Kurt Larios is continuing to deal with the damage that chemotherapy and radiation he had for cancer 29 years ago has done to his heart.
The East Bethel man felt no symptoms of needing cardiac care, however, a routine physical in 2005 determined that Larios had a heart murmur.
“That’s kind of when everything started,” he said.
In June 2006 he had two stents put in and had an implantable cardiovert defibrillator (ICD) put in after he collapsed shoveling snow in December 2007.
In September 2008, he had a hole in his heart repaired, a valve replaced and a double bypass.
According to Larios, doctors have not been able to determine why his heart is not functioning as it should. His cholesterol levels and blood pressure are normal.
The problems are likely from Larios’ treatment for non-Hodgkin lymphoma 29 years ago.
The cancer was in Larios’ chest, so that area was the focus of his chemotherapy and radiation treatments.
“In the ‘80s they didn’t protect your heart from radiation,” Larios said.
They protected his lungs, but “my heart got the brunt of radiation,” he said.
Today doctors treat Larios like a typical cardiac patient, advising him to get similar tests to monitor how his heart is functioning.
Despite what he’s been through Larios is able to keep his situation in perspective.
“That’s small compared to what other people have to deal with,” he said.
Larios shares his story and encourages other cardiac patients through the Mended Hearts program at Mercy Hospital, where he began volunteering in 2009.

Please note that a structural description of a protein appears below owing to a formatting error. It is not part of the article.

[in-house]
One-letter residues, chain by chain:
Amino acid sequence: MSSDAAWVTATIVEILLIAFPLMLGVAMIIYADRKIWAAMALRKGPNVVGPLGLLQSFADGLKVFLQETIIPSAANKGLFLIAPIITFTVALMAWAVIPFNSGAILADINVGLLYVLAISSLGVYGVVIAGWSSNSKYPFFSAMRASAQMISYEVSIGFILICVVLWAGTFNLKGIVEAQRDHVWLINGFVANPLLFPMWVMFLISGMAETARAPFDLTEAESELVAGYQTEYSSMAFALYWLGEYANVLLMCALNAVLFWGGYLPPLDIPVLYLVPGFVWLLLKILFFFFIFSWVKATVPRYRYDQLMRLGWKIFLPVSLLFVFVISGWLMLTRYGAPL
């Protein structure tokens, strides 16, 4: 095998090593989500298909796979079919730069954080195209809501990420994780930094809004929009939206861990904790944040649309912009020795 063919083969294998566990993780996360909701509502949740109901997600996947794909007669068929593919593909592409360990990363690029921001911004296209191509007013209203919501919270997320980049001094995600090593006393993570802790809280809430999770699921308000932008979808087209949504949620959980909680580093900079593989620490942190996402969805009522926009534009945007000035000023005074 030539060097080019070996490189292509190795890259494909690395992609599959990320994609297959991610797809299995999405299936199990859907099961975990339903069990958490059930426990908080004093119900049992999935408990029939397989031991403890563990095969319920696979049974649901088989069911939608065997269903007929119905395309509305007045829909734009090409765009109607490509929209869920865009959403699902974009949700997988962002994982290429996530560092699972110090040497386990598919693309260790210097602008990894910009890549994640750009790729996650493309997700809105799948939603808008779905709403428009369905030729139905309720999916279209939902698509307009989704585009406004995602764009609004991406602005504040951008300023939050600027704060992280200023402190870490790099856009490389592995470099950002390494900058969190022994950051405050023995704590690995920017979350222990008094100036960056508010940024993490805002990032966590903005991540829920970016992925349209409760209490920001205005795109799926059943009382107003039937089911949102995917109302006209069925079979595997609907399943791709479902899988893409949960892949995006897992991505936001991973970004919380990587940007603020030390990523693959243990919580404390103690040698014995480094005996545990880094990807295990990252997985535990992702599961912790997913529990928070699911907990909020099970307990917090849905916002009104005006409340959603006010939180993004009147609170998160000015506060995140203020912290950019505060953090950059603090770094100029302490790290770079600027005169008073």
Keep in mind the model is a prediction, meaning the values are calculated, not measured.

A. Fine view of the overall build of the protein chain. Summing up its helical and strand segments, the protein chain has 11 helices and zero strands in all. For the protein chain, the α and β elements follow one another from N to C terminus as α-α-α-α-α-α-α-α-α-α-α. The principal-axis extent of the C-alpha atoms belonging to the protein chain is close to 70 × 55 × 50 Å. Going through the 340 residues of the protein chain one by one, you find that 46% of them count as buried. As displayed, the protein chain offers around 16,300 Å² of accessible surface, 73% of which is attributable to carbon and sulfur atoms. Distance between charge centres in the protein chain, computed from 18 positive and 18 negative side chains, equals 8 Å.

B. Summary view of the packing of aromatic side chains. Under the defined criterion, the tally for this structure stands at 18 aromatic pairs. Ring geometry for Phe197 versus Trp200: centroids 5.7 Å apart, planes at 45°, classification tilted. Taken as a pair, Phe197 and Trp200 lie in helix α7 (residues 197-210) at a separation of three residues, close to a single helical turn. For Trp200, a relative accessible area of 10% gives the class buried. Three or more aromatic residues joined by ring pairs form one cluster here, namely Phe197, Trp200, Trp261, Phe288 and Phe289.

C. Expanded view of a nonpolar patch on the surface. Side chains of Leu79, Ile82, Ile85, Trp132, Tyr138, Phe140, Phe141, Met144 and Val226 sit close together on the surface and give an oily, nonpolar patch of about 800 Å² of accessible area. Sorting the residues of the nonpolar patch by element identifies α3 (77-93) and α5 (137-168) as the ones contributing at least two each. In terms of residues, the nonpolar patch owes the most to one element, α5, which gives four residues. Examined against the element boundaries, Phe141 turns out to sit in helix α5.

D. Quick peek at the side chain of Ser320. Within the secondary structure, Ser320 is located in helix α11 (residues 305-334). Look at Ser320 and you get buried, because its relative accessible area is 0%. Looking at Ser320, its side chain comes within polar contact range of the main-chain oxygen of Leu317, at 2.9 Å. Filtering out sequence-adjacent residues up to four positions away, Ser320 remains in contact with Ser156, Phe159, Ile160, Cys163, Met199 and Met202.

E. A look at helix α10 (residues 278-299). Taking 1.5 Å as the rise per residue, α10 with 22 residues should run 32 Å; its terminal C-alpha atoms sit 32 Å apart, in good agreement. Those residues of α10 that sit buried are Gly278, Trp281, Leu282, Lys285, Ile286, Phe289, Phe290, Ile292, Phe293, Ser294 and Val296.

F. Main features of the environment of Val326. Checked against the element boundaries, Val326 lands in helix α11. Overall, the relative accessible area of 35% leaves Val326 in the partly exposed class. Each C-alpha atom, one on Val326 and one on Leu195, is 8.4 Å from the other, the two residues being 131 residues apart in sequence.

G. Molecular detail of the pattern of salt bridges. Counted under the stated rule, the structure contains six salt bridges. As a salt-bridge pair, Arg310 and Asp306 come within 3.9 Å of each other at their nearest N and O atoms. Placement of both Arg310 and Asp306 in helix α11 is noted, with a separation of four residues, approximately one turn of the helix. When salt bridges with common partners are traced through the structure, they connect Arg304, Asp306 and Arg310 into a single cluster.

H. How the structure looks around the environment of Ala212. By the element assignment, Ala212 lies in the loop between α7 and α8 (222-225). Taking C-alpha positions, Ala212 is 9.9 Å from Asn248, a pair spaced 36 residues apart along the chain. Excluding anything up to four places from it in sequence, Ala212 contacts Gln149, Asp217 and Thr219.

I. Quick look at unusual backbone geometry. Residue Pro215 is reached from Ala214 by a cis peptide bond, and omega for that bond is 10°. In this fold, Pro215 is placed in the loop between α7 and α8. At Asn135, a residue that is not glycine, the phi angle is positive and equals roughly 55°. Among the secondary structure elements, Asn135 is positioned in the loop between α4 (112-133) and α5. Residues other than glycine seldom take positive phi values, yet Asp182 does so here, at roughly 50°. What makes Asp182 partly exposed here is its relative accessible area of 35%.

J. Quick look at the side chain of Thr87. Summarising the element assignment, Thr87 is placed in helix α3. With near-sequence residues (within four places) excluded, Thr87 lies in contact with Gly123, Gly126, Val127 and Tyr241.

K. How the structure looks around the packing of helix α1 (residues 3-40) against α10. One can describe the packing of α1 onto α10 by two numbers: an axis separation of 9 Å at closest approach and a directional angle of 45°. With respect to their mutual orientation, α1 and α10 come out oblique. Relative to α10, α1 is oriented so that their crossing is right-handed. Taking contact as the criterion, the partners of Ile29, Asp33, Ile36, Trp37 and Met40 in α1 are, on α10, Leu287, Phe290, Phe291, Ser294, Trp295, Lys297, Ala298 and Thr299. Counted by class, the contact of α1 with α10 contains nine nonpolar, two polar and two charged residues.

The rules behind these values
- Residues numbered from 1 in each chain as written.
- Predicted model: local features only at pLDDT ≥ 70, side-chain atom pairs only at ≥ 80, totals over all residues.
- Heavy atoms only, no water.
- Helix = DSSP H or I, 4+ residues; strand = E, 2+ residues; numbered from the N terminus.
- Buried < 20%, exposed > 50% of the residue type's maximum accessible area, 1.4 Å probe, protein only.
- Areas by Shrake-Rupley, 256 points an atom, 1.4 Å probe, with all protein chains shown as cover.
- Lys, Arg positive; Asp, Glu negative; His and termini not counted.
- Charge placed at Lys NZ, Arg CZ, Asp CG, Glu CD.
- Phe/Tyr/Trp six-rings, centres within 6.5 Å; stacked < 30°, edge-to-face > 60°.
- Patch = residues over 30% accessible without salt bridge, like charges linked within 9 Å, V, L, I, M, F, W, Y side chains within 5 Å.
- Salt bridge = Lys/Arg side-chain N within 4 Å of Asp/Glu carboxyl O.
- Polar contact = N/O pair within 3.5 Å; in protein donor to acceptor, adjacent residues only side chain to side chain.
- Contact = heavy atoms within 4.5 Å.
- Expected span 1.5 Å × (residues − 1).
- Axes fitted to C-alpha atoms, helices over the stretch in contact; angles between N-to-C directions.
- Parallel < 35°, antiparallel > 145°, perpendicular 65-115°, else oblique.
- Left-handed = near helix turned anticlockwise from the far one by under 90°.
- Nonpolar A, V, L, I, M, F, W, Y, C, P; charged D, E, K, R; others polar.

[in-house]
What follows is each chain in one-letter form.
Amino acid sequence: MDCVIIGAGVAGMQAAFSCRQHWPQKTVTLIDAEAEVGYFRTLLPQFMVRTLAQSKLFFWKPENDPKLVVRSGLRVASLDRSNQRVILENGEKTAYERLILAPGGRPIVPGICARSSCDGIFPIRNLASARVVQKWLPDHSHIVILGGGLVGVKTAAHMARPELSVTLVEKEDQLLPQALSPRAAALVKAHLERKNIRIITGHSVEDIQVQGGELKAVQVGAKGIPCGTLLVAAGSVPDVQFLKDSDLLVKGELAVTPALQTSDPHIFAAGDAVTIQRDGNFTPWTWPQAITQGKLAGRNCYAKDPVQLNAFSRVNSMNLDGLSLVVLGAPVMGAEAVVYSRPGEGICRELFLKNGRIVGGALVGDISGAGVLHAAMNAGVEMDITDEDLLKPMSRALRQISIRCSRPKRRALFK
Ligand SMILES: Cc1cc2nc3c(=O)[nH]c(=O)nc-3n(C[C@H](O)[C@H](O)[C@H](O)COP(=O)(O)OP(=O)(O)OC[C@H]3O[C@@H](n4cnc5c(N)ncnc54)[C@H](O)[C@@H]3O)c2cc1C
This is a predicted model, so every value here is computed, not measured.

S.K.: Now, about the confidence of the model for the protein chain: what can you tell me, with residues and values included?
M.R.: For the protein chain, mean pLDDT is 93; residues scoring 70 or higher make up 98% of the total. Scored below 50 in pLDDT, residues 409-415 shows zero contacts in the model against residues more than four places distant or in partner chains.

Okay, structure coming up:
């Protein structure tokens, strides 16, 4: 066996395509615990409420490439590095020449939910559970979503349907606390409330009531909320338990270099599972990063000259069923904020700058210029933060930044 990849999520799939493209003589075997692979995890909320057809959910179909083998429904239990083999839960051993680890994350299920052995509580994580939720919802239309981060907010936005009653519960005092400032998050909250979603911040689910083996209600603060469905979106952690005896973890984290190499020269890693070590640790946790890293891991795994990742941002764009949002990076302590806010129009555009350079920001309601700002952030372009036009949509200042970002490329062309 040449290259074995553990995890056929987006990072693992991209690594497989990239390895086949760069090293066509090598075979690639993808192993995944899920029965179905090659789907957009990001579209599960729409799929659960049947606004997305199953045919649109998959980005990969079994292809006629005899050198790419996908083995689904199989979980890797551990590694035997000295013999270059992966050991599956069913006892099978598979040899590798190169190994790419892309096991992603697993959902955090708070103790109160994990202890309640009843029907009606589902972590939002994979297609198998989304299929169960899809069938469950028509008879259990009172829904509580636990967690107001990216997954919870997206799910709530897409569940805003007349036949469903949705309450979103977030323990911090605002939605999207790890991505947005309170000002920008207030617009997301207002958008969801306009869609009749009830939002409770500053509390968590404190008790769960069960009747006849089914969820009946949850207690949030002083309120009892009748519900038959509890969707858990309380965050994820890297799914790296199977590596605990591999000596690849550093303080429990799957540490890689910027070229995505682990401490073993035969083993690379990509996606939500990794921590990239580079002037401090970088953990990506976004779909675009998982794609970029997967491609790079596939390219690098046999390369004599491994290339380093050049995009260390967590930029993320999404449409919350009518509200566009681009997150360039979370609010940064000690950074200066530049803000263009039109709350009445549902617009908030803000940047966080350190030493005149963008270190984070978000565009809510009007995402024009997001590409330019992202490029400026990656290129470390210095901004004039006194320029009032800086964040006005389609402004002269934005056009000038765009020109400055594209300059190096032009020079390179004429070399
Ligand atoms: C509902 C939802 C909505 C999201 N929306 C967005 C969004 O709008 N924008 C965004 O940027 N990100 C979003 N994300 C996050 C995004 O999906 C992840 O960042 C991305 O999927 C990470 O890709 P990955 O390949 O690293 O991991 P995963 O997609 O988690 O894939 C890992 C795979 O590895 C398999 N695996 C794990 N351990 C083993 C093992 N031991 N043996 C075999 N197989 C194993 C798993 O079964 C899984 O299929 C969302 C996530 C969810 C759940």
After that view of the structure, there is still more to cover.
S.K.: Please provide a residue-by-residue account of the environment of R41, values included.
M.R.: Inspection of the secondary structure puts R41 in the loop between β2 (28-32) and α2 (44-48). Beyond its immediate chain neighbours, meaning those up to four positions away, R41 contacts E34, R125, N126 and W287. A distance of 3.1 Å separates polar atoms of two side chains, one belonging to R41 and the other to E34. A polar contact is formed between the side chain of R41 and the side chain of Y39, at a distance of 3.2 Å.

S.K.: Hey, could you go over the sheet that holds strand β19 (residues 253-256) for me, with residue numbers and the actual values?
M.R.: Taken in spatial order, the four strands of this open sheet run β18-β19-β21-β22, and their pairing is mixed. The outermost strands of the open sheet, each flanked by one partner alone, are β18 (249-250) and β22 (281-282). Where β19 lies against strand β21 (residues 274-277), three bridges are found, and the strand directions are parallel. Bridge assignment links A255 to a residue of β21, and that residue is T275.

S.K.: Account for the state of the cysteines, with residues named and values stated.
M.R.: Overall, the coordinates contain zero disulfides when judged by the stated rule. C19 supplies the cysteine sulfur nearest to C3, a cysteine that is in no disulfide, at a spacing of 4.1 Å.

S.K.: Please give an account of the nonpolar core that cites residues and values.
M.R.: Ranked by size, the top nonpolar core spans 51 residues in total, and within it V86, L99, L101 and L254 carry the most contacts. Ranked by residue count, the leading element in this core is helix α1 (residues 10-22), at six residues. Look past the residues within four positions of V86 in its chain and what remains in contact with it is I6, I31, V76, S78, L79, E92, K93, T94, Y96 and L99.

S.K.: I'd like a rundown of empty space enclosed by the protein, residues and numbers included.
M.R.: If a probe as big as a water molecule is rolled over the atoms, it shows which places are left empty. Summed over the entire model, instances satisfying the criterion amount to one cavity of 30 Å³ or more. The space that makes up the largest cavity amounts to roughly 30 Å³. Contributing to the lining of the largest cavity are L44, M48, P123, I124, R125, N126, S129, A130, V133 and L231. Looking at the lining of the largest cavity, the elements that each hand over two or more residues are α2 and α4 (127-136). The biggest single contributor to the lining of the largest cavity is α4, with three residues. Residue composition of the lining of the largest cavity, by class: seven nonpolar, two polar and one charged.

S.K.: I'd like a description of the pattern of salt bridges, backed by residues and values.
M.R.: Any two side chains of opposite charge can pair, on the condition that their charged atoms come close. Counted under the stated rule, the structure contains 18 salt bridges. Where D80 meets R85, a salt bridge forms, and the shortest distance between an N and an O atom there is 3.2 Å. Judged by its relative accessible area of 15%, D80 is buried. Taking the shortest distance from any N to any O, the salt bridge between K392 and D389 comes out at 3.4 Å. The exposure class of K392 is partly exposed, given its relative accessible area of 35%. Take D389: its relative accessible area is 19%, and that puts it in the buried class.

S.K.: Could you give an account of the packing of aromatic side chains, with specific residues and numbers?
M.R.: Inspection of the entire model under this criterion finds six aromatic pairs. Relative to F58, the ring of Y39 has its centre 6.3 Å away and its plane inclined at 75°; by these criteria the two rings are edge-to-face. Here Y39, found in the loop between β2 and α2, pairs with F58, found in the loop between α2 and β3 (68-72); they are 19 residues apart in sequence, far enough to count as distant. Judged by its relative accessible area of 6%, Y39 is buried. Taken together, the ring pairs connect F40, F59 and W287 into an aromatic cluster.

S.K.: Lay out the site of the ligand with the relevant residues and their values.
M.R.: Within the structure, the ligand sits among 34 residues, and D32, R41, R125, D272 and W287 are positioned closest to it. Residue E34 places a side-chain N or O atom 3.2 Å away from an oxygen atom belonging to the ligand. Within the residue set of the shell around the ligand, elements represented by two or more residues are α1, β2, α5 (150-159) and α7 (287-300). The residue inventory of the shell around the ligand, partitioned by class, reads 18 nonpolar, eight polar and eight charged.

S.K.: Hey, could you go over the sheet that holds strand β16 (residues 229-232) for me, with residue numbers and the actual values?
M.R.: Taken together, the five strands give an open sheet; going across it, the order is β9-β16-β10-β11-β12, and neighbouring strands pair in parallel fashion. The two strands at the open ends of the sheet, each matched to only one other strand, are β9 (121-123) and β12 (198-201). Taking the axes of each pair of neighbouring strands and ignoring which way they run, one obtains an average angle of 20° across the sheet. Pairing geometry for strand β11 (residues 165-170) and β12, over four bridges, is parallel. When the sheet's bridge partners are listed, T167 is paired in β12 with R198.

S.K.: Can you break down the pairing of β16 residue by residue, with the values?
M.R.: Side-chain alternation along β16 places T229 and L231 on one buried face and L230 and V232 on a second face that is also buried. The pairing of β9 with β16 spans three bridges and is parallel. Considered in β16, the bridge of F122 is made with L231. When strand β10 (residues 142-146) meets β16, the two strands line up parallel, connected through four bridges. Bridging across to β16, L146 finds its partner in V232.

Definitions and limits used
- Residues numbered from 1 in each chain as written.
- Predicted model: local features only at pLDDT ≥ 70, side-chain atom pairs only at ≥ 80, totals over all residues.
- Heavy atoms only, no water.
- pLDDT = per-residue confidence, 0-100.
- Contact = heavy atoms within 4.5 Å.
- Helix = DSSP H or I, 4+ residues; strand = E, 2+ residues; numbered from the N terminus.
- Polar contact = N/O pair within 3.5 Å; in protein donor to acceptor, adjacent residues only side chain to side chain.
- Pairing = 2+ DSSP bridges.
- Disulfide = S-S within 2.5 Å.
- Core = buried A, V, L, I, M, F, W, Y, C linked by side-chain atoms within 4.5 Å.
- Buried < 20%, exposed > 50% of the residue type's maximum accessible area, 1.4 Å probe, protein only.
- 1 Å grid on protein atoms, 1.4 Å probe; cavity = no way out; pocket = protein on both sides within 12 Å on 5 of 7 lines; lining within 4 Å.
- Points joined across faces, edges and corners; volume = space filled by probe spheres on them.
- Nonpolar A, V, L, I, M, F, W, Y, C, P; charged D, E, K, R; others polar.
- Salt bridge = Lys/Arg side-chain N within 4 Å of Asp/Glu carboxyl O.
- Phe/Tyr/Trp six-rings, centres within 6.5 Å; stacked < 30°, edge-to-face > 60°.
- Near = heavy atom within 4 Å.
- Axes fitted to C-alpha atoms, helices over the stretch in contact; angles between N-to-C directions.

“We can provide a total patient prospective,” Larios said about the Mended Hearts volunteers. “We can lend that insight to patients.”
Larios also enjoys talking with the patient’s families and learning more about the patient’s story and emotional state.
“The whole range of emotions are there,” he said. “We’re really there to listen.”
Larios also offers advice to anyone with a history of heart problems and even those without.
He encourages everyone to know their history and if cardiovascular disease runs in their family.
Larios also encourages others to be cognizant of maintaining a healthy diet.
He also points to sleep apnea as a sometimes hidden component of heart problems.
“If you’re not sleeping good, it has a huge impact on your body and your heart,” Larios said.
He also wants people to pay attention to what their bodies are telling them.
“People know their own bodies best,” Larios said.
“Don’t wait too long before you make the call.”
And if cardiovascular problems are found, Larios encourages patients to keep a positive attitude.
“Your attitude is most of what helps you get through,” he said. “You want to be able to focus all your energy on the recovery process. You have to think about what the ultimate goal is.”
Kelly Johnson is at email@example.com